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Crystal Lake synagogue readies for Jewish High Holy Days

Congregation Tikkun Olam invites residents to celebrate new year

AP photo
Seth Merlin blows a shofar during Rosh Hashanah services Sept. 25, 2014, at the First Baptist Church in Fort Lauderdale, Fla.
AP photo Seth Merlin blows a shofar during Rosh Hashanah services Sept. 25, 2014, at the First Baptist Church in Fort Lauderdale, Fla.

WOODSTOCK – Sundown on Wednesday marks the beginning of Rosh Hashanah, the Jewish New Year.

The date varies from year to year because the Jewish calendar is a lunar one, officials from the Crystal Lake-based Congregation Tikkun Olam said in a statement.

This year, Rosh Hashanah begins at sundown Wednesday, and Yom Kippur, or the Day of Atonement, begins at sundown Sept. 29.

On Rosh Hashanah, those who practice Judaism believe God judges their actions and writes them in the “Book of Life” for the upcoming year.

“[The book includes] who will live, who will die, who will be poor, who will be rich, who will be humbled, who will be exalted,” according to the statement.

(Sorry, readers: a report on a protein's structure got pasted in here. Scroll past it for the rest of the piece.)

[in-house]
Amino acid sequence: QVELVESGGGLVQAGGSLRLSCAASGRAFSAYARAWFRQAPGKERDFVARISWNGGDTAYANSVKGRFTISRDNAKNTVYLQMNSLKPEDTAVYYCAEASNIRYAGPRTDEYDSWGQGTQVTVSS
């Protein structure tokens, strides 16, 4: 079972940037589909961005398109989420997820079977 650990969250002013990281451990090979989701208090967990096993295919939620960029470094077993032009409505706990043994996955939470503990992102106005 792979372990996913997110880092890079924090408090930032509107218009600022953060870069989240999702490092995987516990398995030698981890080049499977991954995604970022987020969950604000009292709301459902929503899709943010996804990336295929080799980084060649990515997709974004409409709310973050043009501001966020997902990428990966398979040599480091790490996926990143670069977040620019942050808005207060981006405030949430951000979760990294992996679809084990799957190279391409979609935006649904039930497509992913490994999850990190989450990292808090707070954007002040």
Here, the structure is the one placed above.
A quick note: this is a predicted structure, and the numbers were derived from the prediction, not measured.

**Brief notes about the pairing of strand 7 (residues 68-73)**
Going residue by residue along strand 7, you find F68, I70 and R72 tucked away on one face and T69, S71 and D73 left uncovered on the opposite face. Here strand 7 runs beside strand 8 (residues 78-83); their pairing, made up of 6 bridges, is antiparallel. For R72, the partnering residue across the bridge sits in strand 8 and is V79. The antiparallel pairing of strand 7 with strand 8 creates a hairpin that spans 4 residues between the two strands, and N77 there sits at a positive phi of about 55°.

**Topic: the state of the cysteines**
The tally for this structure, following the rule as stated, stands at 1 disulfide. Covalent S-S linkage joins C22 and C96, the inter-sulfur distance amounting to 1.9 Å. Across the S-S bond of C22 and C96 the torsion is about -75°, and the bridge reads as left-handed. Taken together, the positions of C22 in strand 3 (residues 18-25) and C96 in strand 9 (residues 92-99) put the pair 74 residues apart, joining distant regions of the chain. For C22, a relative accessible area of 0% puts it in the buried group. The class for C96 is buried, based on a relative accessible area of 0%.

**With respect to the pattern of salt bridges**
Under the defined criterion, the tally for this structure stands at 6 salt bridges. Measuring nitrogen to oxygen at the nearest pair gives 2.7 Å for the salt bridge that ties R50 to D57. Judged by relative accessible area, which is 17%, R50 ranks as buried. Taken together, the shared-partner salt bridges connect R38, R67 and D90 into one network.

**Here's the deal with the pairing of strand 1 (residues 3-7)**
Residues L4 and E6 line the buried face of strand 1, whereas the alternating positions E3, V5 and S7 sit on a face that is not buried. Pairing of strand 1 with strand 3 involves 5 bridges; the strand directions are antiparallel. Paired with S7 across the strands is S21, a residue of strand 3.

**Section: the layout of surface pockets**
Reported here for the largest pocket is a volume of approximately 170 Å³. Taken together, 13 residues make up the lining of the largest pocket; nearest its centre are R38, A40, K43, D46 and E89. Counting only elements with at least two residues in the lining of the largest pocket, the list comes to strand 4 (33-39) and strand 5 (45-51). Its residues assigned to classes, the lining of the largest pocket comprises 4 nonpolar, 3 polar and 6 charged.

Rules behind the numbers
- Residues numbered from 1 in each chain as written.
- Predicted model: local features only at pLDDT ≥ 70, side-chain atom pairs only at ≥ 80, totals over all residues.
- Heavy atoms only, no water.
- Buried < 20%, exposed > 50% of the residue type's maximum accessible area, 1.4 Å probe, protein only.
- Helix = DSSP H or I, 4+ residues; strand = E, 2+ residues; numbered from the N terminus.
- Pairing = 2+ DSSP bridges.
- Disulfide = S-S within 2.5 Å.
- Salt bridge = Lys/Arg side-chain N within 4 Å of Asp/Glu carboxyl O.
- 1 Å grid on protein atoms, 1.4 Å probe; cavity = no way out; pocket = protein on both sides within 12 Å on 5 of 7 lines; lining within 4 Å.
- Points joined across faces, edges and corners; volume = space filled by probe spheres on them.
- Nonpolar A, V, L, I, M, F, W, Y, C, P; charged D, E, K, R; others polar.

Jewish people can repent for their wrongdoings until Yom Kippur, when the book is sealed. Although weekly sabbaths are considered Jews’ holiest days, Yom Kippur is the next holiest. On this day, healthy adult practitioners fast for 24 hours and spend the day in prayer and reflection.

“Our fast reminds us of the hungry and needy in the world, and gives us an opportunity to focus on our spiritual needs. For many Jews, fasting emphasizes their commitment to the difficult task of change in the coming year,” officials said. “The day also includes a special memorial service (Yizkor) to remember deceased loved ones.”

The holiday is filled with tradition, including special food, songs and prayers. For example, on Rosh Hashanah, apples are dipped into honey as a symbol of a sweet new year; challah, the special braided egg bread eaten each sabbath and on many holidays, is baked in a special round shape just for High Holy Days; the shofar, or ram’s horn, is sounded in the temples as an ancient reminder of the call to Holy Convocation.

Yom Kippur begins with chants and often ends with attendees breaking their fast together.

Congregation Tikkun Olam holds its services at St. Ann’s Episcopal Church, 503 W. Jackson St., Woodstock. 

Attendees can celebrate Erev Rosh Hashanah at 7:30 p.m. Wednesday and Rosh Hashanah at 10 a.m. Thursday.

Yom Kippur celebrations begin at 7:30 p.m. Sept. 29 and continue the next day with a morning service at 10 a.m., an adult study group at 3 p.m., Yizkor (memorial) and concluding services at 4:30 p.m., and Havdalah and a dairy potluck to break fasting at 5:30 p.m.

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